So I went ahead and just answered, "I'll help him navigate that when it comes.  I'd never send him to a situation without first telling him what he might expect from others.  And if it's awful for him, we'd talk about it and go from there.  But, really, [his school] is not going to be a place of judgement or ridicule."

And so there you have it: I defended his right to wear a dress all the while battling my own sense of discomfort with the whole thing; my confusion.  What the fuck??  What's the big effing deal that my boy wants to wear a dress??  It means nothing.  And it yet means everything, something.  It's a visual representation of my love and support of him as well as a slap in the face of what we think should be.  It's beautiful and weird and awesome and honest. 

And I swear to God I will always support this kid's desires no matter how they challenge my antiquated notions.  I swear.

Taking Mimi to bed.


Fancy(ass) Holiday Dinner Menu- Love on a plate


I'm a cook.  And a passionate one.  I spend hours and hours mulling over flavor profiles and I've probably spent weeks of my life watching cooking shows.  I am passionate about the art of food, its philosophies, magic, and truths.  To cook is to live.  To share this cooking is to pass on life, love, luxury.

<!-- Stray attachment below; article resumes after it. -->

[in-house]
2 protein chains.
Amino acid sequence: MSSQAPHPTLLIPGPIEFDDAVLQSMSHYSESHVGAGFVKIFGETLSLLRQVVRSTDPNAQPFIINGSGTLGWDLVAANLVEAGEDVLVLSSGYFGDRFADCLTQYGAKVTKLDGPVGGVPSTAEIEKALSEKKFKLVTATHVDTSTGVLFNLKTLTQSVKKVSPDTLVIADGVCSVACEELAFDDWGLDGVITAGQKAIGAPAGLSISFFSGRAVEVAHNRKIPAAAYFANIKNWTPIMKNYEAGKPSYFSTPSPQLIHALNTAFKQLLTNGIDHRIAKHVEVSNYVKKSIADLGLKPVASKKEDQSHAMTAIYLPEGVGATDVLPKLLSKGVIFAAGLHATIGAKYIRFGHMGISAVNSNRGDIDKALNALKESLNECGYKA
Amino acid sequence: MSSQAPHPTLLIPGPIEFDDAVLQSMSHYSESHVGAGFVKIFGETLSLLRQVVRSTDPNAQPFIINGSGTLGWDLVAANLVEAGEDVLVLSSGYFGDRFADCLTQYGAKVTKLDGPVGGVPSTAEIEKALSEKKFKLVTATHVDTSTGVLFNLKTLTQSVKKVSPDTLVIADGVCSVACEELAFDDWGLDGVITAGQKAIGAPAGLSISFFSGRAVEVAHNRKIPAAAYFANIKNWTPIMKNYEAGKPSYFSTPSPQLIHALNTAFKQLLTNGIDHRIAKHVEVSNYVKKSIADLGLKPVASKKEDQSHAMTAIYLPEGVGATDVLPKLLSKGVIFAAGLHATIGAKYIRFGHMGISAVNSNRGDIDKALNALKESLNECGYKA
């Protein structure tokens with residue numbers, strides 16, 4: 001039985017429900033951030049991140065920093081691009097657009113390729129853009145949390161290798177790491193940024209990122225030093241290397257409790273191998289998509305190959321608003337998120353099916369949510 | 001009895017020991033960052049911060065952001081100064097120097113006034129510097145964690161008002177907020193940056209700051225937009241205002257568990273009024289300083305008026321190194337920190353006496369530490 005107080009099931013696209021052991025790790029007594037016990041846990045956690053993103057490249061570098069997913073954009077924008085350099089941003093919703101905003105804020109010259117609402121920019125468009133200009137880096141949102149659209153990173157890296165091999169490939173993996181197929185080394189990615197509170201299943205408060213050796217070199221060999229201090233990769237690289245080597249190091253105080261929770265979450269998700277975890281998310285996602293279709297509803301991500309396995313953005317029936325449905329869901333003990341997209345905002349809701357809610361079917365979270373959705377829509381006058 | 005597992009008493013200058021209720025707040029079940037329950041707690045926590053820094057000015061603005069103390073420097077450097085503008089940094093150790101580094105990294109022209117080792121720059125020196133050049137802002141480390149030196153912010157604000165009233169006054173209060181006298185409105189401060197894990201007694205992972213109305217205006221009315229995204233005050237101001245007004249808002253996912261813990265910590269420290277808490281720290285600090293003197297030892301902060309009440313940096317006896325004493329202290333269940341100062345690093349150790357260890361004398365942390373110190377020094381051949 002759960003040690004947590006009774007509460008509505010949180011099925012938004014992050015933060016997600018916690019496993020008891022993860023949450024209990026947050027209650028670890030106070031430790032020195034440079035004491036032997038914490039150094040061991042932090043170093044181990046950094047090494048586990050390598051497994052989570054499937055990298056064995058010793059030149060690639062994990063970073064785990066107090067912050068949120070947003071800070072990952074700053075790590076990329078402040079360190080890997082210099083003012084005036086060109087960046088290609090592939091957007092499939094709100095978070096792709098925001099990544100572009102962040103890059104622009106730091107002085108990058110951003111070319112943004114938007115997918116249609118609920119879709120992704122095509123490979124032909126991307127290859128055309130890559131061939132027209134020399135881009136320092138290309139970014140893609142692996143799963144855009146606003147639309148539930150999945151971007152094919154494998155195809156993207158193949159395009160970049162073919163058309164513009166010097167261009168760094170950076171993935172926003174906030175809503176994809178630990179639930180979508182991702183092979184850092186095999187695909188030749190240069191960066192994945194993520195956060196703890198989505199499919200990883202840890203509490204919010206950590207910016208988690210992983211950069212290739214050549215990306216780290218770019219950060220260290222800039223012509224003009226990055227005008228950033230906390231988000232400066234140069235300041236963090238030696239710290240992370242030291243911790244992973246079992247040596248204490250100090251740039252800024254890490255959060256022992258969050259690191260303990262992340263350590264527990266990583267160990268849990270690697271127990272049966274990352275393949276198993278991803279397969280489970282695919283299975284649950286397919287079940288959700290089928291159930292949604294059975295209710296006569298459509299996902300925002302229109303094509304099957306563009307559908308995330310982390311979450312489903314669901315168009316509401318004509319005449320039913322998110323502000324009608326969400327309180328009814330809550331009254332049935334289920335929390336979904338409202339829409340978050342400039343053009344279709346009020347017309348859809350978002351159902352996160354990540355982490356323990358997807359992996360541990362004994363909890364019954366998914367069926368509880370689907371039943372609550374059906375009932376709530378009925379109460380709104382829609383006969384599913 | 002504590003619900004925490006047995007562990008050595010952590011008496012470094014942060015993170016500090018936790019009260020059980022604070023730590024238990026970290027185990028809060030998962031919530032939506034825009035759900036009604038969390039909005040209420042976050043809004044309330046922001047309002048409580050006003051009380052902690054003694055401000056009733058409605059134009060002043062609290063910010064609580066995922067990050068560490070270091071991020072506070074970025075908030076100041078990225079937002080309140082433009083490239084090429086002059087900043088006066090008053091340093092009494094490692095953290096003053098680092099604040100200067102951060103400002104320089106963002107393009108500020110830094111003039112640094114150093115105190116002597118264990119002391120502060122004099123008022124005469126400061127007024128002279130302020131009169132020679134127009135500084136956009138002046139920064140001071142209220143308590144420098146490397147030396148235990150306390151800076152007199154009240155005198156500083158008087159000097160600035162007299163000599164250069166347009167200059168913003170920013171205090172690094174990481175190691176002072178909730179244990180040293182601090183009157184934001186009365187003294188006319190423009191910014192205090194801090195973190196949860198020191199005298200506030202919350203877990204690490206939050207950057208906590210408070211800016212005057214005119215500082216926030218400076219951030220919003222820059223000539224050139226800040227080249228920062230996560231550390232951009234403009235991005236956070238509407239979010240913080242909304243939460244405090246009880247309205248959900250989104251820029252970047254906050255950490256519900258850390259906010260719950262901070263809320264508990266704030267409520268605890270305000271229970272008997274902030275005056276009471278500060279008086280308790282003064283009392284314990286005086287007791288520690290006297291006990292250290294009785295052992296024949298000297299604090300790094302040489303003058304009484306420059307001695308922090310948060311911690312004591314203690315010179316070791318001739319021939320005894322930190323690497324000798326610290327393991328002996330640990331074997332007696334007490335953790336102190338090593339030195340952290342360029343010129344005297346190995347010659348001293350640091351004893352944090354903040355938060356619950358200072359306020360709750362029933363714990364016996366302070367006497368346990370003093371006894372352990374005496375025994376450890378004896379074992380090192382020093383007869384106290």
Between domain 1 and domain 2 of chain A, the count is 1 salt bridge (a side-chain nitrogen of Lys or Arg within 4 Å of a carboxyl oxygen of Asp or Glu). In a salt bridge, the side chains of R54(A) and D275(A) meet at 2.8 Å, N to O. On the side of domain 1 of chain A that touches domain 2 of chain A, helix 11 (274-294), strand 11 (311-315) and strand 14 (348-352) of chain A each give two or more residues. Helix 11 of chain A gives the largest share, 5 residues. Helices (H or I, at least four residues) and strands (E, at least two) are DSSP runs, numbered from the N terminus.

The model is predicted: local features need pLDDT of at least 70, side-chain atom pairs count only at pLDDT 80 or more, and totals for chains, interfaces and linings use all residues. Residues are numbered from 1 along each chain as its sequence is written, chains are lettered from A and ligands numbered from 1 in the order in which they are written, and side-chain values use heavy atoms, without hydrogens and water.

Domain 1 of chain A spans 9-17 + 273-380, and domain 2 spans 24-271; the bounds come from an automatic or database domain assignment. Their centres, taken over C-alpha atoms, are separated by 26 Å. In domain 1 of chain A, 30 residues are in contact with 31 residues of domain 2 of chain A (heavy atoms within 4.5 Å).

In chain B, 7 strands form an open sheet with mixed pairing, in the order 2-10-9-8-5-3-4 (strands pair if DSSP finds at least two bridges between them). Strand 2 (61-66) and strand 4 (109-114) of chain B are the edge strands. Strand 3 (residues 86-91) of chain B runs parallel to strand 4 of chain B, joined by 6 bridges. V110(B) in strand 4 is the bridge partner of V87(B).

This year I'm broke as hell and so traditional Christmas gifts didn't fit into my budget, therefore I decided I'd lay down a little cash for some Maine lobster tails from Lobster Gram and make my family a meal.  A real meal. 

Rooster and I used to order tails for our anniversary dinners every year (we got married on New Year's Eve of '05 and lobster always felt like the perfect New Year's Eve bite) and we were never disappointed by the quality and care we received from this little ME shop.

The tails from the Down East coast are unmatched.  They'll arrive flash frozen on Christmas Eve and will be ripe for cooking the next day.  I'm going to butter poach them and it will be like love on our tongues.

Here's the menu/email I just sent my mom and Terry and Rooster:

Frisée-thyme salad with warm toasted hazelnut goat-cheese medallions and pickled cherries
Parsnip and apple soup
Butter-poached lobster with tarragon and butternut squash risotto
Oven-roasted Brussels sprouts with bacon and lemon
Maple horseradish and sage glazed beets
Nutmeg ice cream and Turkish coffee